I love the striking contrasts in a chocolate sazerac cocktail. You taste pepper and spice from the rye, earthy chocolate notes, and the cold medicinal taste of absinthe, all in each sip. It’s a great reminder that a cocktail made of contrasts can be more compelling than one of similar flavors.
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What is a Sazerac?
Let’s back up for a minute. A sazerac is a rye whiskey cocktail made with simple syrup, Peychaud’s bitters and served in a glass that is rinsed with absinthe. It originated in New Orleans, but it’s a favorite world-wide now.
It’s a drink that’s stirred, since it has no citrus or cream in it, and it’s a close cousin to the old fashioned. Both have similar ratios of whiskey, sugar, and bitters. It’s said it was originally developed to help Antoine Peychaud sell his medicinal bitters in New Orleans.
For the full history and process of the sazerac, head over to my article How to Make the Best Sazerac for more details.
Flavors in the Chocolate Sazerac
In a sazerac, the Peychaud’s bitters, traditional for the drink, bring a bit of star anise to the drink. And that ties it to the absinthe or Herbsaint traditional as a glass rinse. Absinthe or Herbsaint are the liqueurs that give the cocktail it’s licorice taste.
Here, we’re adding in deep earthy notes of chocolate, both in the form of a chocolate liqueur and also the Bitter Truth bitters I’m using. Using both chocolate bitters and liqueur keeps the whiskey cocktail from becoming too sweet.
I generally use more absinthe than just a rinse in the glass. I love the cooling touch of absinthe in the mouth, so adding a bit more gets me a great contrast I love. But not everyone loves the taste of licorice as much as I do. So dial up the licorice taste to your preference.
As always, make it your cocktail.
What is Absinthe?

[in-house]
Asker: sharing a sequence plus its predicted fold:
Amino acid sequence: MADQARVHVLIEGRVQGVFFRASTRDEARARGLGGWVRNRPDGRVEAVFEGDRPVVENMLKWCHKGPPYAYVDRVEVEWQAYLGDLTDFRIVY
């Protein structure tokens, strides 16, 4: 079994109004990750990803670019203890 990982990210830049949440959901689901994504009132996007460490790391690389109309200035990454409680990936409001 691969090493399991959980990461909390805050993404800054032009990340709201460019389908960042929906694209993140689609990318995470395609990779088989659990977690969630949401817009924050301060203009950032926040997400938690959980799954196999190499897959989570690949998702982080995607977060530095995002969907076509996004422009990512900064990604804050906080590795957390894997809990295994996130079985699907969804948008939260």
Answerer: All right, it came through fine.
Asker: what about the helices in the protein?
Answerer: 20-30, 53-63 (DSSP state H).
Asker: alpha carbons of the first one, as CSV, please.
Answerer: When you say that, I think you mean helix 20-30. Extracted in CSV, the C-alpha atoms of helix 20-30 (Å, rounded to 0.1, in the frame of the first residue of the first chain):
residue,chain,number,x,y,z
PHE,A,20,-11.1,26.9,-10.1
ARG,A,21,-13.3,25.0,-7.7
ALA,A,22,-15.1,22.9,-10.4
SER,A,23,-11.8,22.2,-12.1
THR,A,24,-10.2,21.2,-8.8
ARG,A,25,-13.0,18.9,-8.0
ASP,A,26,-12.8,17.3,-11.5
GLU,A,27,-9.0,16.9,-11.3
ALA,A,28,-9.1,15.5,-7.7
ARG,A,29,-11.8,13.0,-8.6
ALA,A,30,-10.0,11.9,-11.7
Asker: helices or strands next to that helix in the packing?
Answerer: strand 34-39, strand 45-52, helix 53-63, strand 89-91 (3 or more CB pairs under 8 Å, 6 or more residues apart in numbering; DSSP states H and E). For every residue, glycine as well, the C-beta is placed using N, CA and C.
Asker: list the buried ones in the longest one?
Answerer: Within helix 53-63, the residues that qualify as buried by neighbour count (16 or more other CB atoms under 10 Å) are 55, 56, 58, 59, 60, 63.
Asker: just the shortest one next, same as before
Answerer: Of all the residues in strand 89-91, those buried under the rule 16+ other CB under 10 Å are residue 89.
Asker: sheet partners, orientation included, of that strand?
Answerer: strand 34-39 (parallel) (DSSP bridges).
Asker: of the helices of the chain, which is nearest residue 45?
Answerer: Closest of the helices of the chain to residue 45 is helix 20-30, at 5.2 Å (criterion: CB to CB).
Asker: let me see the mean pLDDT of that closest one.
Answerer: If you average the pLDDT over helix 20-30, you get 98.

Absinthe is the drink that was banned because it was supposedly causing artists and writers to go insane. In fact, the active ingredient of absinthe, the thujone from the wormwood, was in such small quantities that we now know it wasn’t causing insanity and hallucinogen in absinthe drinkers.
It’s often light green in color, so sometimes you’ll hear it called The Green Fairy. Wormwood, the ingredient that gives it that lovely taste and pale green hue, was used medicinally by both the Egyptians and the Greeks. So there’s a long history of its medicinal use, whether or not it was in spirits infused with wormwood.
It was banned in many European countries and American between 1905 and 1915 because of it’s growing reputation as a dangerous hallucinogen. Today we know it wasn’t really the cause. It was only legalized again in some countries in the 1990s, but it’s presence has been growing ever since.
How to Rinse a Glass
There are two easy ways to rinse a glass with absinthe. In the first, take a chilled glass, add a bar spoon or two of absinthe and roll the glass around in your hand to coat as much of the interior of the glass as you can. Generally people discard the extra, unless you’re like me and you love licorice.
I often just leave it in the bottom of the glass.
The other way is faster. Get a small atomizer – it looks like a small travel hair-spray bottle and fill it with absinthe. Use the pump on top of the atomizer to spray your glass with absinthe before pouring in the cocktail.
You can even add a spritz or two on the top once the cocktail is in place. But that’s up to you and how much you love licorice flavors.
How to Make a Chocolate Sazerac
To make the cocktail, add the rye whiskey, simple syrup, creme de cacao and your bitters to the mixing glass. Fill with ice and stir for 20-30 seconds. Strain into your chilled, rinsed rocks glass and garnish with an orange zest.
It’s as simple as an old fashioned. Tips and tricks specific to the sazerac cocktail can be found here: https://www.cocktailcontessa.com/classic-sazerac/ as well as some other flavor ideas you might try.
Other Cocktails You Might Enjoy
Recommended Bar Tools
You don’t need every slick, beautiful bar tool out there, but there are several I’ll recommend. (As an Amazon Associate I earn from qualifying purchases. However, that does not affect the cost of the items below.) My favorite pieces usually come from the Cocktail Kingdom section of Amazon:
You may already have these bar essentials, but just in case:
- 2 oz rye whiskey
- ¼ oz simple syrup
- ¼ oz crème de cacao
- 2 dashes Peychaud’s bitters
- 2 dashes chocolate bitters
- Absinthe rinse or mist from atomizer (I used Copper and Kings Absinthe)
- Orange peel
- Combine whiskey, simple, liqueur and bitters in a mixing glass and add ice. Stir until well-chilled. Strain into a rocks glass rinsed with absinthe. Express an orange peel over the cocktail and discard the peel.